Managing Challenging Behaviours in Children – Part 2
Posted on August 30, 2019 by All In
Written by Jacelyn Loh (Early Intervention Psychologist, SPD)
In the previous article, “Managing Challenging Behaviours in Children – Part 1”, SPD’s early intervention psychologist, Jacelyn Loh, introduced five strategies that caregivers can use to manage their children’s challenging behaviours. Jacelyn shares more methods in this second part of the series.
Strategy 6: Engage Your Child in Physical Activities
Engaging in physical activities can help release tension when children are at the peak of their emotions.
Therefore, signing children up for physical activities like swimming not only cultivates their interest in physical activity, it also helps them to learn how to release their emotions in a healthy way.
Some parents also bring their child out for a long walk to calm him/her down when they see that their child is starting to get into a state of heightened emotions.
Cultivating children’s interest in physical activities can help them release their emotions in a healthy way.
Strategy 7: Teach Your Child to Manage His or Her Emotions When in a Good Mood
It is important to find and exercise calming strategies together with your child when he/she is in a good mood.
Some examples include:
- identifying your child’s favourite object of comfort,
- engaging in creative or calming activities, such as scribbling, tearing used paper into strips, deep breathing exercises or
- tasks that are neither taxing nor trivial (for e.g., counting backwards), which can help draw the thinking brain out.
You can find more examples in the article on “Managing Tantrums and Meltdowns”. Do note that when children are feeling emotional, it is not a good idea to introduce new strategies to manage their anger.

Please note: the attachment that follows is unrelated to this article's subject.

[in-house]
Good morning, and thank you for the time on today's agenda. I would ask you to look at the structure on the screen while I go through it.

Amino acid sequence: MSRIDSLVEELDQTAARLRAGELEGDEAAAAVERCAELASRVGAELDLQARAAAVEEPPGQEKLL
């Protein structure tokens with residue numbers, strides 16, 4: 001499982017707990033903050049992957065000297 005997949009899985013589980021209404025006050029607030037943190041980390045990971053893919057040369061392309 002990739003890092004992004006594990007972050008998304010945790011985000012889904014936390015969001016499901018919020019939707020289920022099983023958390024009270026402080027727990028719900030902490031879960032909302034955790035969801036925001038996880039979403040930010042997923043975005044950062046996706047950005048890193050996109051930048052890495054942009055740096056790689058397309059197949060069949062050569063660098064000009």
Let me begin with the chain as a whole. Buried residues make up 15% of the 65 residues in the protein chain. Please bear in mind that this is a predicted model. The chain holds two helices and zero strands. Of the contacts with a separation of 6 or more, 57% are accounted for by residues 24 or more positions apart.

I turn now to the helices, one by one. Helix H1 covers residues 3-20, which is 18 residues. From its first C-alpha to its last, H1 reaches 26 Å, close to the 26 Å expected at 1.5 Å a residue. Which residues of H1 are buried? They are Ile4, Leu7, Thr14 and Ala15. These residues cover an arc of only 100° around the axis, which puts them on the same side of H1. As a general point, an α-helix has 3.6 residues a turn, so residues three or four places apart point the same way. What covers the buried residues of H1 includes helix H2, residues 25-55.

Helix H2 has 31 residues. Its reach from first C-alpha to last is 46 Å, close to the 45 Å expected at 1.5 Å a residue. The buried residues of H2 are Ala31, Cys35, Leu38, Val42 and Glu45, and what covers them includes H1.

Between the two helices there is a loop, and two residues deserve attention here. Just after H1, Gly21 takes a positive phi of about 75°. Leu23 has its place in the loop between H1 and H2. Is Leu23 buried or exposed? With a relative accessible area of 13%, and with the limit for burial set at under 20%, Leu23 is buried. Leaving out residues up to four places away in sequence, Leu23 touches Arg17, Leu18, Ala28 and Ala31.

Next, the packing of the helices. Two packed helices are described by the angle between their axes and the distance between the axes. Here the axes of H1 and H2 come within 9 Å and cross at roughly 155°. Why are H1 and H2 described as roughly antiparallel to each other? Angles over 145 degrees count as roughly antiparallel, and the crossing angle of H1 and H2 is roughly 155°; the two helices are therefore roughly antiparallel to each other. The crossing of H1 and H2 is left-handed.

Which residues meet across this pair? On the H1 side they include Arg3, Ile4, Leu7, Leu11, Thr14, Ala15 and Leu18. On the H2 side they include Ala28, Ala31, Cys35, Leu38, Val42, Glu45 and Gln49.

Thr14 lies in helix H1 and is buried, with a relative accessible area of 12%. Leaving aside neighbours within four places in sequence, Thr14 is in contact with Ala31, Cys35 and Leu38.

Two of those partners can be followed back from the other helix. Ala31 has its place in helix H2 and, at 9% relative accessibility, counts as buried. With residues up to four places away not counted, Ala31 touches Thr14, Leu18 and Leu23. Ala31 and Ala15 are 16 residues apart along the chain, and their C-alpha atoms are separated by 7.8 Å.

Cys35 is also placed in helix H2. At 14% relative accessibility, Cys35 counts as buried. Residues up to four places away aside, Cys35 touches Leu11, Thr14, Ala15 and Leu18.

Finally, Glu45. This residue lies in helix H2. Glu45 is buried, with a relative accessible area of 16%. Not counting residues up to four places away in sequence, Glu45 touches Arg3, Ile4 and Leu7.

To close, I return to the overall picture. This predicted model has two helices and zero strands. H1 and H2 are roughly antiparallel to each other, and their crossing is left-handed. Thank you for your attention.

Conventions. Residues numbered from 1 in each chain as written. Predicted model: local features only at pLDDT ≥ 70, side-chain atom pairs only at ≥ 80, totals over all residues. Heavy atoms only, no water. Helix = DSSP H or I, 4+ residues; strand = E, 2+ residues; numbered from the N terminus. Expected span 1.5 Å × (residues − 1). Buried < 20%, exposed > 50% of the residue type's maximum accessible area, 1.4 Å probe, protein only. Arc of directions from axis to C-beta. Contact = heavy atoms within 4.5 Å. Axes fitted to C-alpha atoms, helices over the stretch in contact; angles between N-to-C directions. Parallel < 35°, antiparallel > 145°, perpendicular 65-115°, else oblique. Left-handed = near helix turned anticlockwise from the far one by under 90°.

Sometimes we may find that our children do not want to do what was rehearsed. Do not give up, as it takes time and effort to tame the “Anger Monster”. After a few more conversations and rehearsals, children will remember the strategies and use them in moments of anger.
Strategy 8: Reward Specific Good Behaviour Instead of Punishing Bad Behaviour
The biggest issue with using punishment is that fear becomes the child’s primary motivation. When fear is the motivation, children will try all means not to get caught. They gradually learn to hide their mistakes, blame their mistakes on others, or lie. Punishment is also ineffective in addressing developmental delays in children who are seen as impulsive.
Instead, when you make your approval and affirmation visible and attainable, it motivates a child to demonstrate good behaviour. Rewards and star charts are ways to incentivise and encourage specific good behaviours. To implement star charts successfully, do adhere to the following rules:
- Specify the behaviour that will earn the child the star.
- Once given, the star should not be taken away.
- Do not make it too difficult to earn stars, so that the child will always feel motivated to be on his/her best behaviour.
- Avoid giving food as rewards, especially sweets, lest they develop comfort eating habits later in life. We do not want the children to associate food with approval, as treats can be given on various occasions.